Causes and distribution of soil pollution in China

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Abstract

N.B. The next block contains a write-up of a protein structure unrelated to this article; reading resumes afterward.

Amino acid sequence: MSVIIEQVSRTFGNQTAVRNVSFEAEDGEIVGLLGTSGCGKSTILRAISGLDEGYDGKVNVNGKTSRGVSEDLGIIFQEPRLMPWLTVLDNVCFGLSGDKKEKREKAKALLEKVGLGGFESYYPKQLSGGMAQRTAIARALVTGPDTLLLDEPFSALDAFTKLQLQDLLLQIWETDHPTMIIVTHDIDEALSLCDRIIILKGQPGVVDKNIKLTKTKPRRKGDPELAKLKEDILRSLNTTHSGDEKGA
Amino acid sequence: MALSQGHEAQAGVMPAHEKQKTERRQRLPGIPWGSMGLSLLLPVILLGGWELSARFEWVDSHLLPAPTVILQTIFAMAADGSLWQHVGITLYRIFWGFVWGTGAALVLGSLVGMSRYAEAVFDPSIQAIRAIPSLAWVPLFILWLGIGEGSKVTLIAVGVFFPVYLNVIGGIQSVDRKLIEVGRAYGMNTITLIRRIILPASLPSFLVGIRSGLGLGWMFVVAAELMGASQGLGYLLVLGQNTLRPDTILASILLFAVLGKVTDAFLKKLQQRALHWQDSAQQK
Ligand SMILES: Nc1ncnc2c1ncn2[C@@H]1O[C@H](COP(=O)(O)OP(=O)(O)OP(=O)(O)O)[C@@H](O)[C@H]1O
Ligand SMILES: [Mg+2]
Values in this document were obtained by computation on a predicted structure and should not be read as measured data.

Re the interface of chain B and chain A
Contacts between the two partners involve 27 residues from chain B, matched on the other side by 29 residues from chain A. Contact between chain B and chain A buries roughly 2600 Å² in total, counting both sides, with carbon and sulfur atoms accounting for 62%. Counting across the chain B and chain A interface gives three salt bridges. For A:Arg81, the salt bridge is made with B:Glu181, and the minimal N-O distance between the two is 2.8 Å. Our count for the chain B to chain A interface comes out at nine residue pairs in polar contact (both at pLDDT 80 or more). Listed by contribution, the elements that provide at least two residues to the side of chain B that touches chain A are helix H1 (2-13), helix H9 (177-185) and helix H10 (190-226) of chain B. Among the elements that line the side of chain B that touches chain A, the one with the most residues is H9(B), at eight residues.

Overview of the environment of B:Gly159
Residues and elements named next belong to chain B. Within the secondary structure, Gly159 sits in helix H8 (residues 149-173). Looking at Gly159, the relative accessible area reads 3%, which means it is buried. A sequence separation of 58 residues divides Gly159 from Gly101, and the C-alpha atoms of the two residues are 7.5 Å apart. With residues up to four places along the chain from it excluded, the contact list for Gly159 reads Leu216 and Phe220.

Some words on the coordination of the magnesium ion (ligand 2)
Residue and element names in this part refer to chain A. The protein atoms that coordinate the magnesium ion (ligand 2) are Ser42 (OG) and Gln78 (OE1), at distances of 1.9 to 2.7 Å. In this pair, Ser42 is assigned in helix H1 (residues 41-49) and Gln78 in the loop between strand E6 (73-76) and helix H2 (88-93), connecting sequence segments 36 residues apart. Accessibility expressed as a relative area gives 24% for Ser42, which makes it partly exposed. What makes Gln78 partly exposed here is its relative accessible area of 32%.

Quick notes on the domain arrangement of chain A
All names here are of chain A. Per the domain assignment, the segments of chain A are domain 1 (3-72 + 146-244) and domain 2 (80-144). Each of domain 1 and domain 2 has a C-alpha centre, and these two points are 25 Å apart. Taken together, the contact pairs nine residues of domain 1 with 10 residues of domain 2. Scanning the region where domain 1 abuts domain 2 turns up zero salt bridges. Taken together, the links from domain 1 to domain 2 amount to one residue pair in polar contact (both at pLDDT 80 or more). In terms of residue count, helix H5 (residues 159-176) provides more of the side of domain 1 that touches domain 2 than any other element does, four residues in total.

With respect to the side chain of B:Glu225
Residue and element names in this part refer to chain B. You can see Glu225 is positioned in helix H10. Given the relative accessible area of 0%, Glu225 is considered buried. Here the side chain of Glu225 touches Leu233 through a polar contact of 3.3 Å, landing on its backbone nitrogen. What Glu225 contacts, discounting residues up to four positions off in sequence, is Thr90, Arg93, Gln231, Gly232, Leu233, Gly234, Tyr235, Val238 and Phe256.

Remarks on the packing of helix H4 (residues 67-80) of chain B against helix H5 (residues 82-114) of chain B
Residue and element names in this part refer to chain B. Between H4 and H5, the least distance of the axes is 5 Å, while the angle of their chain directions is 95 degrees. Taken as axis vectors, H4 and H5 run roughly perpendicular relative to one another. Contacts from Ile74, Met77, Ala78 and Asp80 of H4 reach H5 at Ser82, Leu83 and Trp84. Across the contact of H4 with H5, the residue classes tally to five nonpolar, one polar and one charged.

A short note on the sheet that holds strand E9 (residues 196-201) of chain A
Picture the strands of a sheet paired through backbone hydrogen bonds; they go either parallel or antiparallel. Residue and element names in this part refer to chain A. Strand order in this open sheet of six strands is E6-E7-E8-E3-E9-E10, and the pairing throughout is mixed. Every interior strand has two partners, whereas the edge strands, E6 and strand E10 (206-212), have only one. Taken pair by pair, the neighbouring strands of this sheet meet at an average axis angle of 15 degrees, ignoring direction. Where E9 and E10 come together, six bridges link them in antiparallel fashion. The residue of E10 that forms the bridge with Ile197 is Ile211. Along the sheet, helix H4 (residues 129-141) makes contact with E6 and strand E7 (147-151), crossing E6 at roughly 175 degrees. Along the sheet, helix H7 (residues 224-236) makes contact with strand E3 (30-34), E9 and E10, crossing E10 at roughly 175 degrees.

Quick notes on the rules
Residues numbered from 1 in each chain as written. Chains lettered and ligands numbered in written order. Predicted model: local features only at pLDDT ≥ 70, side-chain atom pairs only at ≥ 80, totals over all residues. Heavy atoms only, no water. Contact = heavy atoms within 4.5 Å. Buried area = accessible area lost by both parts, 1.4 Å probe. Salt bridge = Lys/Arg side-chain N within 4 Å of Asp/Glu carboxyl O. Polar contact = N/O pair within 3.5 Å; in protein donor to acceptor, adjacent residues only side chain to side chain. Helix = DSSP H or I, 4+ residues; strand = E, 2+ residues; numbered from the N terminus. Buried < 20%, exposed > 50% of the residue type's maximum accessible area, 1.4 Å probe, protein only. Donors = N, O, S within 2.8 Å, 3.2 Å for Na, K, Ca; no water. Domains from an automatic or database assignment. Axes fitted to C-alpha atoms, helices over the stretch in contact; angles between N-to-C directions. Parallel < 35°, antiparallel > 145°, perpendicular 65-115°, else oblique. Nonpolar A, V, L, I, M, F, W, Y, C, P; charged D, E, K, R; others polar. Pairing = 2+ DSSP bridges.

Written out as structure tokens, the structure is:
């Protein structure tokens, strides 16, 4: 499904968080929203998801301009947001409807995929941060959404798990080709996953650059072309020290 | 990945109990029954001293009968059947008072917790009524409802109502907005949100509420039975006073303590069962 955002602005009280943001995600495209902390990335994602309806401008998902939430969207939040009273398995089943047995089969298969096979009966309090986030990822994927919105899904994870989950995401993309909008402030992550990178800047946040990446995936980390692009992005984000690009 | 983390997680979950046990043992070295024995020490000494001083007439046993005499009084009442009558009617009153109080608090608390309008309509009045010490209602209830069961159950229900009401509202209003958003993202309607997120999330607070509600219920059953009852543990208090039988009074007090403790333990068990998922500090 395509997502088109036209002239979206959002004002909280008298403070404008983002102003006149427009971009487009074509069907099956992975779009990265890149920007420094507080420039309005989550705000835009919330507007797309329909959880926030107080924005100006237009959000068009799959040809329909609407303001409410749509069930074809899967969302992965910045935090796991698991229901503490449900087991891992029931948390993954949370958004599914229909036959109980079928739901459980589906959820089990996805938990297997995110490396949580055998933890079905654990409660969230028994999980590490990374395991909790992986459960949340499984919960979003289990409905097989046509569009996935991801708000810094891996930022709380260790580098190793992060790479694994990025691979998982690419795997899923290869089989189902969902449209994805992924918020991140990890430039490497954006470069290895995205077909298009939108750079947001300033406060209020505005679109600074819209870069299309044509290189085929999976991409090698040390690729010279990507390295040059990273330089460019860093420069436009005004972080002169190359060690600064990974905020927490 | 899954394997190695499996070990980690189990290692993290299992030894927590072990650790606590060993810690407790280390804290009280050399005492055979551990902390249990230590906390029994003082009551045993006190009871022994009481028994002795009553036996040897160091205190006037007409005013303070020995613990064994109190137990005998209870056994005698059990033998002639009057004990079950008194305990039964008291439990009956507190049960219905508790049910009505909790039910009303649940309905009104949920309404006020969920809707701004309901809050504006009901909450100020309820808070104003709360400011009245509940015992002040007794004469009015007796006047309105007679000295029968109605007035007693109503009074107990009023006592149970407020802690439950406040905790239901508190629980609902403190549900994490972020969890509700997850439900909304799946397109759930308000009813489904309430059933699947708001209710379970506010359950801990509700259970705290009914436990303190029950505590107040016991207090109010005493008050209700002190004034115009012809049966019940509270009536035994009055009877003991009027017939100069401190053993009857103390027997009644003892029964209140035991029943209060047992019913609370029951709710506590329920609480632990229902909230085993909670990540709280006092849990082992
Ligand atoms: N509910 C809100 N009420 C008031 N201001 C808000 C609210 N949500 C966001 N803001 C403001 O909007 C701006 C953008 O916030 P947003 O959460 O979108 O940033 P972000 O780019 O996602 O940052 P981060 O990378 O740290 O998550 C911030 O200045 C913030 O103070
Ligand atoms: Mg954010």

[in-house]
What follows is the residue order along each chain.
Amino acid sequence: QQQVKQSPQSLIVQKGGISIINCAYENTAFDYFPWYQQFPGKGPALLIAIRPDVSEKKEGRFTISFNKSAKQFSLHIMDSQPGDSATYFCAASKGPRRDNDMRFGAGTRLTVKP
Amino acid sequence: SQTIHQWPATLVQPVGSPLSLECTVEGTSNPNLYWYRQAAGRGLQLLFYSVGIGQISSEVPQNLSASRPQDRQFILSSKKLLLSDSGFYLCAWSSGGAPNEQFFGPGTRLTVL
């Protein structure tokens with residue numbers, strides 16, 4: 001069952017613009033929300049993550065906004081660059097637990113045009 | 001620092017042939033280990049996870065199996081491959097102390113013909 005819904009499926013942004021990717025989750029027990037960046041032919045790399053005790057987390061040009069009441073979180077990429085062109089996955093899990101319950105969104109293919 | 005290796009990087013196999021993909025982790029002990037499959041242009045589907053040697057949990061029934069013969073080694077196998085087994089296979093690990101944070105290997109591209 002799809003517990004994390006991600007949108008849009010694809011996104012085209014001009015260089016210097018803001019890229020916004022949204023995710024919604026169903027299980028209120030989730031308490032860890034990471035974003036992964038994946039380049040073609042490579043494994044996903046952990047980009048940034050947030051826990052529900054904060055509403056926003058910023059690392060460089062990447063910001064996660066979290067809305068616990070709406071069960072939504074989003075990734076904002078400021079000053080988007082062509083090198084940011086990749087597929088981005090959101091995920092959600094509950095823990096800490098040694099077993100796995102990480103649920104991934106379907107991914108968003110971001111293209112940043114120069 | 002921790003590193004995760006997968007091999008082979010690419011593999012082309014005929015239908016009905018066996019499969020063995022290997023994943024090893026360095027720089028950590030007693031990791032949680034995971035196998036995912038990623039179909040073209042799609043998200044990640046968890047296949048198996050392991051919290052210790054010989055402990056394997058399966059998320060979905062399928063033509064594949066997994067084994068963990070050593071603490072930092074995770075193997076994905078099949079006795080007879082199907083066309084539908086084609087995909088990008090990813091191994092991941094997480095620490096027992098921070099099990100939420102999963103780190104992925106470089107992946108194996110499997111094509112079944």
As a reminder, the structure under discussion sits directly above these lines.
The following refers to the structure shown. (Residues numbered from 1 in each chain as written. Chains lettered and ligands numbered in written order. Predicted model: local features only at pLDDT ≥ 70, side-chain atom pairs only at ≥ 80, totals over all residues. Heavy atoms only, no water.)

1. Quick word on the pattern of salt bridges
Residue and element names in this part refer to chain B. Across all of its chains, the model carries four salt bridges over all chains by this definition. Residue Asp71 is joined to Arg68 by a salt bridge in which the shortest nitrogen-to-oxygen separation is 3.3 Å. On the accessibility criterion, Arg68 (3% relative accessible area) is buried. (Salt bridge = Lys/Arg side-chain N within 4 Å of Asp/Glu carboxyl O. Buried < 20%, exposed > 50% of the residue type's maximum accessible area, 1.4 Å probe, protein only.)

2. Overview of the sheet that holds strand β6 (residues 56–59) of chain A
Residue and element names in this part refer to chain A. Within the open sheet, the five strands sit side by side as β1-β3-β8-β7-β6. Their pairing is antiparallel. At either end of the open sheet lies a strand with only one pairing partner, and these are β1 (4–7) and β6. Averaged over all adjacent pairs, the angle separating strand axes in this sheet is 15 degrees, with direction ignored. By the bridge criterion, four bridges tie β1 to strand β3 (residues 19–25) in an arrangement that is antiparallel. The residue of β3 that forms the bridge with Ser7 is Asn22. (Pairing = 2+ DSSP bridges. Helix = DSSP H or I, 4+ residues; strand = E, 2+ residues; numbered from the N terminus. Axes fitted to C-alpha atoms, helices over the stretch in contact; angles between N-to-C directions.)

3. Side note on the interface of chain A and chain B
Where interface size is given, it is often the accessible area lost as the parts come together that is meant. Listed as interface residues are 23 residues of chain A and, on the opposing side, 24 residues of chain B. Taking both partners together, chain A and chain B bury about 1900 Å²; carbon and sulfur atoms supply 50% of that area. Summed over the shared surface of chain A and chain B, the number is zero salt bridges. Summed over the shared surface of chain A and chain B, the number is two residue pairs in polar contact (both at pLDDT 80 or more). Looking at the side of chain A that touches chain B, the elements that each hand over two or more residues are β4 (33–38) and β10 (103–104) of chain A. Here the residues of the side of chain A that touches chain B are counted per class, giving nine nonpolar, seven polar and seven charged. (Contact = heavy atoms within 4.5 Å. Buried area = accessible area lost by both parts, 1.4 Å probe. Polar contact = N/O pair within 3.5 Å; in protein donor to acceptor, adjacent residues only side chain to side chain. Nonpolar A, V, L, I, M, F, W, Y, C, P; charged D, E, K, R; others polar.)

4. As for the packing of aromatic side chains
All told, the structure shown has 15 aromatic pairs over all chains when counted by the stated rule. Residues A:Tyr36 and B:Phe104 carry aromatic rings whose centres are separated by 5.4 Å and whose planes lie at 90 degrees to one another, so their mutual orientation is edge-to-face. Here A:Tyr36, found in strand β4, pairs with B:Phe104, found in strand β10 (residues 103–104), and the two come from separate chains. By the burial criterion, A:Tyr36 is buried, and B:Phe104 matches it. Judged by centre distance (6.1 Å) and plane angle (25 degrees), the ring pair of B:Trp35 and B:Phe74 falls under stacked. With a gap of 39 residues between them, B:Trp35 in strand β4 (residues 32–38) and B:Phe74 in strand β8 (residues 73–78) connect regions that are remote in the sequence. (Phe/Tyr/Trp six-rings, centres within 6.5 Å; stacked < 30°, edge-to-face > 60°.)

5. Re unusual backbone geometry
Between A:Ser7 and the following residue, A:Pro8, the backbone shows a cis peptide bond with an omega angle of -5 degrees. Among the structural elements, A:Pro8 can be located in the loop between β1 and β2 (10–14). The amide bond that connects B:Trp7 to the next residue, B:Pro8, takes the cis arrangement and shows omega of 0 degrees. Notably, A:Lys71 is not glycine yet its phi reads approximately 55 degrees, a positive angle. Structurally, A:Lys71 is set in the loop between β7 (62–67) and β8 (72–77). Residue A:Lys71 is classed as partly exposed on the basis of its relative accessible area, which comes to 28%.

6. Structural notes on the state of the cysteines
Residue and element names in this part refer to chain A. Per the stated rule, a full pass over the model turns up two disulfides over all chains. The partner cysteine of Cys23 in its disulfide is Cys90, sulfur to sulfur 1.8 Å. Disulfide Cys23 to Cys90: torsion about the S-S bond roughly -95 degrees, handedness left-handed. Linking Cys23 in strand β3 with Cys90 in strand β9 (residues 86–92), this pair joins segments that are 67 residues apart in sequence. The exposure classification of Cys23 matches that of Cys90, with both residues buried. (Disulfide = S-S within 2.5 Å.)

China is the most populated country in the world, but has relatively little fertile land, and even less water. Maintaining the quality of its agricultural land is of paramount importance if China wants to feed its very large and growing population. Yet, China is one of the countries with the largest amount of polluted soil. This paper looks at the causes and distribution of soil pollution in China. It first looks at the amount of organic and inorganic soil pollutants and their geographic distribution. It then looks at the causes of soil pollution, making the distinction between agricultural activities, industrial activities, and urbanization. Pollution from agricultural activities stems primarily from the excessive amounts of pesticides and fertilizers used on farmland, and is mainly located in the south, where most of the food is produced. Pollution from industrial activities is due to airborne industrial pollutants that fall on to the land, and is mainly located in the west of the country, where most manufacturing activities take place. Pollution from urbanization is mainly due to the very large amount of solid, liquid and gaseous waste generated in a small area with insufficient treatment facilities, and exhaust fumes from vehicles, and is located around the largest cities, or roads. The result is that one fifth of China’s farmland is polluted, and an area the size of Taiwan is so polluted that farming should not be allowed there at all.

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